UPDATED at 2:30 pm:
In what may be a new record for the shortest local campaign ever, Steve Novick
Oregon political maverick and unsuccessful 2008 Democratic candidate for U.S. Senate, now says he's not
running for Multnomah County chairman.
Novick said this afternoon — six hours after announcing he would be in the race — that he's now decided after talking with Jeff Cogen
(who announced earlier this morning he would run for chair) and former county Chair Bev Stein
that now's not his time.
"This is not going to do anything for my reputation for political decisiveness," Novick said. "I think this is Jeff Cogen's job and this is his time frankly."
Here's what we wrote earlier today when Novick said he was running:
Novick worked as a senior policy adviser to former Multnomah County Chairwoman Diane Linn in 2001 and 2002. And his résumé also includes stints as caucus administrator for Oregon's Senate Democrats; and legislative coordinator for the Oregon Department of Education. He took a prominent role in the recent successful campaigns to pass Measures 66 and 67 in Oregon. He was raised in Cottage Grove, and entered the University of Oregon at 14. He entered Harvard Law School at 18, and worked at big law firms after graduation in San Francisco and New York before going to the U.S. Justice Department.
All that experience adds up, Novick said this morning, to a winning hand for a county chair's job that he called "impossible" after the passage of Measures 5 and 47.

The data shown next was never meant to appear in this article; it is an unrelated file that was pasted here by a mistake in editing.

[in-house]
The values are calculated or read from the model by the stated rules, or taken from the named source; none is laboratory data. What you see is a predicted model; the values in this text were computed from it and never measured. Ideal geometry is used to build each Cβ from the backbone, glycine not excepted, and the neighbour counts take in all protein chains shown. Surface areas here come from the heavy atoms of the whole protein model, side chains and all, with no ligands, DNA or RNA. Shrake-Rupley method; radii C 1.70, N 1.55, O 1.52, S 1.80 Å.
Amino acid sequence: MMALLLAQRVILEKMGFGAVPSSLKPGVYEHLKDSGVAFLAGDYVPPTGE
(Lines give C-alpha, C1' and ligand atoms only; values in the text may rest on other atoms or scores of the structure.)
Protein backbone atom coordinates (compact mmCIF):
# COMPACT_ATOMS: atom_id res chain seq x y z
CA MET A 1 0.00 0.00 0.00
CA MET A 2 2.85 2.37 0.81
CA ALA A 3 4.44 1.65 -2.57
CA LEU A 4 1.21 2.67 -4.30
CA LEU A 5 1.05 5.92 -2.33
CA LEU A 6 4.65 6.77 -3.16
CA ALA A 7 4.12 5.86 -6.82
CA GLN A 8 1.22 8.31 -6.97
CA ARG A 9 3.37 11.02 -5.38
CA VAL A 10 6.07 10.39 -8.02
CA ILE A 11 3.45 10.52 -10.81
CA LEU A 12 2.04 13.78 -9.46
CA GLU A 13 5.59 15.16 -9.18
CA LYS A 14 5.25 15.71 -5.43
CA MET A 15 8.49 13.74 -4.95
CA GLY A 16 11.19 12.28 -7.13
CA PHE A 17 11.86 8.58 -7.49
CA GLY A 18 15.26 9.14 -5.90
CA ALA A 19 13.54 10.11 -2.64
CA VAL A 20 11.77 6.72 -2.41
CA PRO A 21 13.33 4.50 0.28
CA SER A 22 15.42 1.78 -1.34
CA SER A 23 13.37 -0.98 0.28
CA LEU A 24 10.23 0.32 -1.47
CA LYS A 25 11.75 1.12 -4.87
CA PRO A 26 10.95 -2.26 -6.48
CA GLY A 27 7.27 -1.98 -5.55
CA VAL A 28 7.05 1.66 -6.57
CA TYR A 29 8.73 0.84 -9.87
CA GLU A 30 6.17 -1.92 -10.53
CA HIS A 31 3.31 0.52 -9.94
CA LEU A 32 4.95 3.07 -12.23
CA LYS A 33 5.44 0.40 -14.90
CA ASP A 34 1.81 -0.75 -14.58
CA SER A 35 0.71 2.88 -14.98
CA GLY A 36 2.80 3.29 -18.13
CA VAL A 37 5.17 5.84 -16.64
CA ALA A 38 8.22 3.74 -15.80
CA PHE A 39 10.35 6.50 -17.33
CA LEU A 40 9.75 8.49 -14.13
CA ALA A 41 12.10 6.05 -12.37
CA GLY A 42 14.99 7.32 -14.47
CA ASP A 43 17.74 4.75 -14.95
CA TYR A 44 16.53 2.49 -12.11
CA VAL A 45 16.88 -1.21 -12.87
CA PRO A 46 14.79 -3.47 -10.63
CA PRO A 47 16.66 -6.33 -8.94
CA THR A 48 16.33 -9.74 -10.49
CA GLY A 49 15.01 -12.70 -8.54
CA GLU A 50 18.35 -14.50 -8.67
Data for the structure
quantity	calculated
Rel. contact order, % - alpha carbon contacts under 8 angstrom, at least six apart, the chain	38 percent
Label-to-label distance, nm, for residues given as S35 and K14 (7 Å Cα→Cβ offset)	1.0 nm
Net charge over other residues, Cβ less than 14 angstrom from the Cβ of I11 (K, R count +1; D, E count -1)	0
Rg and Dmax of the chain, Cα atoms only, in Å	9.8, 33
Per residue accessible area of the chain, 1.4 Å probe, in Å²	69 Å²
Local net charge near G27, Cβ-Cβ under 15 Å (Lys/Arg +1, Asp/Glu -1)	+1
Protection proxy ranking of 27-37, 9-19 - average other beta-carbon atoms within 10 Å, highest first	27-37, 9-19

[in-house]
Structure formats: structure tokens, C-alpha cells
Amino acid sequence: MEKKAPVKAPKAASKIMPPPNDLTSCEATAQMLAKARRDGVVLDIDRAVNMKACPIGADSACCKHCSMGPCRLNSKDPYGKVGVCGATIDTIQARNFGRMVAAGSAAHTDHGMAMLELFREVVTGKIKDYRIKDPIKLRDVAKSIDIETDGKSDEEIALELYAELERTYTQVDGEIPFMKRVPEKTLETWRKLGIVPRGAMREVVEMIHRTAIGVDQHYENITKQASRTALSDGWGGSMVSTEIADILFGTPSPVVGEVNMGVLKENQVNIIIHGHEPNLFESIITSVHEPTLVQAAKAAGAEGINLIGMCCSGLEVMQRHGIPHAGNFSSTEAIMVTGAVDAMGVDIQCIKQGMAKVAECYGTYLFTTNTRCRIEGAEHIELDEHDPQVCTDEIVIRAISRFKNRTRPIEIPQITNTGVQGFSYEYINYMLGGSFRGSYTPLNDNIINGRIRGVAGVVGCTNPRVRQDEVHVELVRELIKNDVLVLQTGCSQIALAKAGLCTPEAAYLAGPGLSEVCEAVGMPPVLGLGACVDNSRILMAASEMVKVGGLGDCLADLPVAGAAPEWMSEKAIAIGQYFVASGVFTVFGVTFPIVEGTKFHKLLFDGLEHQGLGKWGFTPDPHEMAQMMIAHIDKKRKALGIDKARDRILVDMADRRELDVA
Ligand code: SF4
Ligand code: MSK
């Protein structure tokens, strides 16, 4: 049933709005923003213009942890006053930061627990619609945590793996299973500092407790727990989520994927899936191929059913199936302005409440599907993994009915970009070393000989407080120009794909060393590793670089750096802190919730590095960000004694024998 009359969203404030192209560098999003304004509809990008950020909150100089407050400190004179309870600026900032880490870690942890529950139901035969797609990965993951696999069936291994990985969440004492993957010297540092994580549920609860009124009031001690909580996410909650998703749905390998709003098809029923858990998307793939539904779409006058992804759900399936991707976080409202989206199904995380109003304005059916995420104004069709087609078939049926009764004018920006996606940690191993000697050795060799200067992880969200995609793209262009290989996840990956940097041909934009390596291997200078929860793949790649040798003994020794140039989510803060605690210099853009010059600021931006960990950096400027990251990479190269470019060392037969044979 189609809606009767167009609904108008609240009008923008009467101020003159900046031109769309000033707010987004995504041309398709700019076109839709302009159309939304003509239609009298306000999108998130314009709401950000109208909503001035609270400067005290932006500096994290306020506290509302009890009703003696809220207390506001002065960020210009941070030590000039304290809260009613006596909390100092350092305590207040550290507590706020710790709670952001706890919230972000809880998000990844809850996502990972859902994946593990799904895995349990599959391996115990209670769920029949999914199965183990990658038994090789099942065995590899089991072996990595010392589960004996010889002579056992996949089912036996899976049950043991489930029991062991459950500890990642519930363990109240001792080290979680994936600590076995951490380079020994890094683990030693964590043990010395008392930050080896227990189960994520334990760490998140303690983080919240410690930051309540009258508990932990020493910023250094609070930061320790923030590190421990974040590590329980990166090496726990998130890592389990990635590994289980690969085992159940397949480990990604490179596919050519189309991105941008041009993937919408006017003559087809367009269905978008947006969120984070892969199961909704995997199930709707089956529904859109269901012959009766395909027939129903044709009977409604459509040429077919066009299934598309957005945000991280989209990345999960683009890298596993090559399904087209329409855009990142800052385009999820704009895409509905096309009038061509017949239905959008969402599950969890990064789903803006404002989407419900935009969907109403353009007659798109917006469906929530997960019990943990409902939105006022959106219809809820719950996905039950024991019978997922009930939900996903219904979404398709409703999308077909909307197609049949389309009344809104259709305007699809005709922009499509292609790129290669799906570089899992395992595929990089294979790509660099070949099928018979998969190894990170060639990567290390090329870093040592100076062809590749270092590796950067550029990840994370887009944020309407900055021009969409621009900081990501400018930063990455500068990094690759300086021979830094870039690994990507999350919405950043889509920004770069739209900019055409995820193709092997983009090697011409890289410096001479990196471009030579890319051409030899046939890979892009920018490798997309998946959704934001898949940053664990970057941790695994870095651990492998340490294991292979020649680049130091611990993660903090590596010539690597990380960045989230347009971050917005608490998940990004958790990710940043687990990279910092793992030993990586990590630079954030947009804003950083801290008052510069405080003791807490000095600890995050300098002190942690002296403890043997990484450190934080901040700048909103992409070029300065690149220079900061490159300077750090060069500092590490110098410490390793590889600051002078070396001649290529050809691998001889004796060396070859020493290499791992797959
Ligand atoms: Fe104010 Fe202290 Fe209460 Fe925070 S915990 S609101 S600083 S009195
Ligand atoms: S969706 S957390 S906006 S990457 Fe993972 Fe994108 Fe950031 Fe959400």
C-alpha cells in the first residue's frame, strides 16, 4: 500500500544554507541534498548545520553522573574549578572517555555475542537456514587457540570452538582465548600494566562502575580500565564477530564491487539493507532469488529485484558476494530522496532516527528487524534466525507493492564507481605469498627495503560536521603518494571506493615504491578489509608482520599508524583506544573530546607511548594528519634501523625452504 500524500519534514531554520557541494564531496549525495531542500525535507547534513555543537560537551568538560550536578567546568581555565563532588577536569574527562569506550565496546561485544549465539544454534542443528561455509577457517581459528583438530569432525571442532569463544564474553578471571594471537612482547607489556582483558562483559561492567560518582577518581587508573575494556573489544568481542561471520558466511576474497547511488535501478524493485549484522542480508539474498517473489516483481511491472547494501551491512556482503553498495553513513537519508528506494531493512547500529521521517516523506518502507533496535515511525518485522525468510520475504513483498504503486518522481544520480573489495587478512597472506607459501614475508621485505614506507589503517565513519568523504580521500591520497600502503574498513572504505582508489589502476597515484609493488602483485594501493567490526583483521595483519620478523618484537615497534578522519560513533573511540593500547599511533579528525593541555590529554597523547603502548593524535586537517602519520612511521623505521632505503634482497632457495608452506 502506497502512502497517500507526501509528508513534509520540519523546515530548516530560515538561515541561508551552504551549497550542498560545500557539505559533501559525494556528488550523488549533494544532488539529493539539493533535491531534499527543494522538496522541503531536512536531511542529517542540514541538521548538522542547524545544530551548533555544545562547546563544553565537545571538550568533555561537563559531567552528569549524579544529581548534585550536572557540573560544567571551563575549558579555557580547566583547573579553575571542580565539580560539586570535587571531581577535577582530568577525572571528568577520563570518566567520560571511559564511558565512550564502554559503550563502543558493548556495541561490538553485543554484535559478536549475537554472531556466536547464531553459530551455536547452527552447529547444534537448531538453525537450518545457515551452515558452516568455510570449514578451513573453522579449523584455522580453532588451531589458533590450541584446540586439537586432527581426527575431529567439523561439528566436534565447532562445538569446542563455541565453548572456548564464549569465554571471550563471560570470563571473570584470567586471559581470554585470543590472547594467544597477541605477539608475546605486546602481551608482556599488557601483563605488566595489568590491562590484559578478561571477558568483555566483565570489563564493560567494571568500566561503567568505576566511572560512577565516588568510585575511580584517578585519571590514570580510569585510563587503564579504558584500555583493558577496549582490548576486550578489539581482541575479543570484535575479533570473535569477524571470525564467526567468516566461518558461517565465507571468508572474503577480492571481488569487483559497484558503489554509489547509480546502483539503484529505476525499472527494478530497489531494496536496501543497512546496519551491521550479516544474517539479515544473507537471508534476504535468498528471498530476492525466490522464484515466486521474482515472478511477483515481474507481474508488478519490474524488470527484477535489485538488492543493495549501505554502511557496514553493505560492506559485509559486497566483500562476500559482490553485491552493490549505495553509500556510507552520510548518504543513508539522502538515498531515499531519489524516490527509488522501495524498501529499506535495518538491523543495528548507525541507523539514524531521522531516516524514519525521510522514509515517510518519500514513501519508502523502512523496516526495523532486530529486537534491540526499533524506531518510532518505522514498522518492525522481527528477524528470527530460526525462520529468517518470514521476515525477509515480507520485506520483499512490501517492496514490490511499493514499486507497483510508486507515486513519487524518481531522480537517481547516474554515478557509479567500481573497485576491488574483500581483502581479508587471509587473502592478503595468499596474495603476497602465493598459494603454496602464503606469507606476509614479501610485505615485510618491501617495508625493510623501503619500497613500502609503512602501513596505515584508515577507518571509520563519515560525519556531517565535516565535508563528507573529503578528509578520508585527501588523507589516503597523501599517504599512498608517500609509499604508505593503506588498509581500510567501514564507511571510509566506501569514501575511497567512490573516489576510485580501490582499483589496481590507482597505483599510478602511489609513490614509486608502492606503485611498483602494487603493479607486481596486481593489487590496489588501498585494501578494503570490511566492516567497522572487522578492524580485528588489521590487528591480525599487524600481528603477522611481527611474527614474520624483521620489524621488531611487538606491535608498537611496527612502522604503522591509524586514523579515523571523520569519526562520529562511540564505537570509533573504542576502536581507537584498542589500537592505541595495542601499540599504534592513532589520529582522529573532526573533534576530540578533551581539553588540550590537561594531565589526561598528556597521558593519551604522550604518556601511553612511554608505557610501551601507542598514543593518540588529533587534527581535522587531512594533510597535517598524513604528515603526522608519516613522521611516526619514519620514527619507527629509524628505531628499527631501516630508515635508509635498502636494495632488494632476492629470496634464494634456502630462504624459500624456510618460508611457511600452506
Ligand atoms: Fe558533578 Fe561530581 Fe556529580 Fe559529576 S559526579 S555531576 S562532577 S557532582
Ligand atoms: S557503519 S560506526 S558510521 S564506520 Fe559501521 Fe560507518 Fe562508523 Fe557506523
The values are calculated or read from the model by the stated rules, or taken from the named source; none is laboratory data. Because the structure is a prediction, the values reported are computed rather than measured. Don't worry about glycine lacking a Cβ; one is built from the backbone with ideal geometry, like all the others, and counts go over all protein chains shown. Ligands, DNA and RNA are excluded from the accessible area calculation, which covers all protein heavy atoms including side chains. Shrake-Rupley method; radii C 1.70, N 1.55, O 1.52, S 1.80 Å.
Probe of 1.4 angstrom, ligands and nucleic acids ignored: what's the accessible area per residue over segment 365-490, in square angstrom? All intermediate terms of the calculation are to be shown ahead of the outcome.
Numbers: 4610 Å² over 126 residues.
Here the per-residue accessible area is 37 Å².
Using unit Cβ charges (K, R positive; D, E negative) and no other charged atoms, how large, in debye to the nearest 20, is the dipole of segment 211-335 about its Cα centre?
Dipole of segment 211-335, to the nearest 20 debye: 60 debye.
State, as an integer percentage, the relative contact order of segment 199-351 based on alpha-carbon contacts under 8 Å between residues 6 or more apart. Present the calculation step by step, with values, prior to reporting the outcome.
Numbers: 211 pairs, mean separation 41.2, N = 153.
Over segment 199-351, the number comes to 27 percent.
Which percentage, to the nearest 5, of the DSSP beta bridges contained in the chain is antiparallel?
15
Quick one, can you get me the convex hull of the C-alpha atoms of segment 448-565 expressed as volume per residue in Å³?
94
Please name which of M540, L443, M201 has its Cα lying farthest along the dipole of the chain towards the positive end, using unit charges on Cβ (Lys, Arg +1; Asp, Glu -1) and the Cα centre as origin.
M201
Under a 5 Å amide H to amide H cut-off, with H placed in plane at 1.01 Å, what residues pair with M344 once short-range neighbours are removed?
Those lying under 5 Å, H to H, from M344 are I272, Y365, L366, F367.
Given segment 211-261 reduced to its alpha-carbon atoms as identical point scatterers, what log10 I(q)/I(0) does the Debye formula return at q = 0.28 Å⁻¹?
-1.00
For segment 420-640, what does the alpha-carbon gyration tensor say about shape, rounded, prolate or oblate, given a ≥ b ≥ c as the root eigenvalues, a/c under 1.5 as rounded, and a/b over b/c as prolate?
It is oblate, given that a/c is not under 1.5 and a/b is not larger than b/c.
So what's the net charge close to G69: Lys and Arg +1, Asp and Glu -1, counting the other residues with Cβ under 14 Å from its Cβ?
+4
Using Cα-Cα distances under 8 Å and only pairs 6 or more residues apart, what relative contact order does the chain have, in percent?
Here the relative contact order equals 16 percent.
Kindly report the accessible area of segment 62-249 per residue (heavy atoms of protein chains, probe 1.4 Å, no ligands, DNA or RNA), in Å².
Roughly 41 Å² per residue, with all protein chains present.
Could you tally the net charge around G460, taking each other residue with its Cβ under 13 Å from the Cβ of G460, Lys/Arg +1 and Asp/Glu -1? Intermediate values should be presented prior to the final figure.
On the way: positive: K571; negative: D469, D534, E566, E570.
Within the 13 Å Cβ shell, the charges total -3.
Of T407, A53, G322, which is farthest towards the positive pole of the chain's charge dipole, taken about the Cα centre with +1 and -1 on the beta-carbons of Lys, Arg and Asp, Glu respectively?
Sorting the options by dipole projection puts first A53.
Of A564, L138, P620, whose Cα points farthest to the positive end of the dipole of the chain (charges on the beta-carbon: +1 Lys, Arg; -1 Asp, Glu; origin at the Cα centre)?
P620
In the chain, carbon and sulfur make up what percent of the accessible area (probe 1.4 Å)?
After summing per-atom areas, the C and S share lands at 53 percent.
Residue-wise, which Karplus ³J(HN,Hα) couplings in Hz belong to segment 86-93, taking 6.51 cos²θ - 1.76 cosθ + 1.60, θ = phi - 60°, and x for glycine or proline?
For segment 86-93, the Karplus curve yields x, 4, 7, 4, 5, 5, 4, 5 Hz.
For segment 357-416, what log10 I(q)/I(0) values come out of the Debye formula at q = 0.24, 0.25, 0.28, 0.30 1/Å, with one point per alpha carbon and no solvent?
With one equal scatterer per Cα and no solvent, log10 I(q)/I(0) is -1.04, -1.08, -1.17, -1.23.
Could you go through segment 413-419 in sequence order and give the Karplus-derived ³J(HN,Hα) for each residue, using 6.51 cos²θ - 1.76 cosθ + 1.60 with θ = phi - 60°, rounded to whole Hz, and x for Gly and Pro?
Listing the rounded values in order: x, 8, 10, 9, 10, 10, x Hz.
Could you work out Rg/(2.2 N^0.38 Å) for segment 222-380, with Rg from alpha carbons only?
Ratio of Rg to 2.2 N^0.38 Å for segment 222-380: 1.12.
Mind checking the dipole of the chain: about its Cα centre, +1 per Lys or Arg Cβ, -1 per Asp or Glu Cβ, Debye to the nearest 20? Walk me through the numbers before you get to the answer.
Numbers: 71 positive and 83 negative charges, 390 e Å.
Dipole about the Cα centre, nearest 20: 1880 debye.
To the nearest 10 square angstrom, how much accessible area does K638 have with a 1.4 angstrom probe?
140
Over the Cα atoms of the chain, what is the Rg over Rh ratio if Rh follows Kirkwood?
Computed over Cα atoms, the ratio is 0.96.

Asked why he'd want a job he described as "impossible," Novick responded, "Somebody's got to do it. It's largely about making the case for public services and doing the best job with the resources you have."
"We need to shine a light on what we've lost in the last 20 years," Novick said. "I don't think people understand the impacts of 5 and 47. Measures 66 and 67 were great but we need to explain to people what's missing."
He said the chair's job will become that much harder if there's not another round of federal stimulus. "I'm in the best position to yell and scream at our congressional delegation" to make sure that money doesn't dry up, Novick said. "I know them better and my voice is louder."
Novick also floated one interesting idea. With the caveat that he'd need to discuss the concept with law enforcement first, Novick said the criminal justice system would benefit if prosecutors and police had a system in place that rated them on recidivism rates. "I will tell the law enforcement people I'll fight like hell for more resources," he said. "But I'd like them to work with the rest of us to make sure the resources are used as effectively as possible."
He returned to Oregon in 1996, working as issues director for Democrat Tom Bruggere, who ran unsuccessfully that same year against Smith.
In addition to working in 2000 and 2006 against ballot measures pushed by Bill Sizemore and Don McIntire, Novick also worked on Ted Kulongoski's successful 2002 run for governor.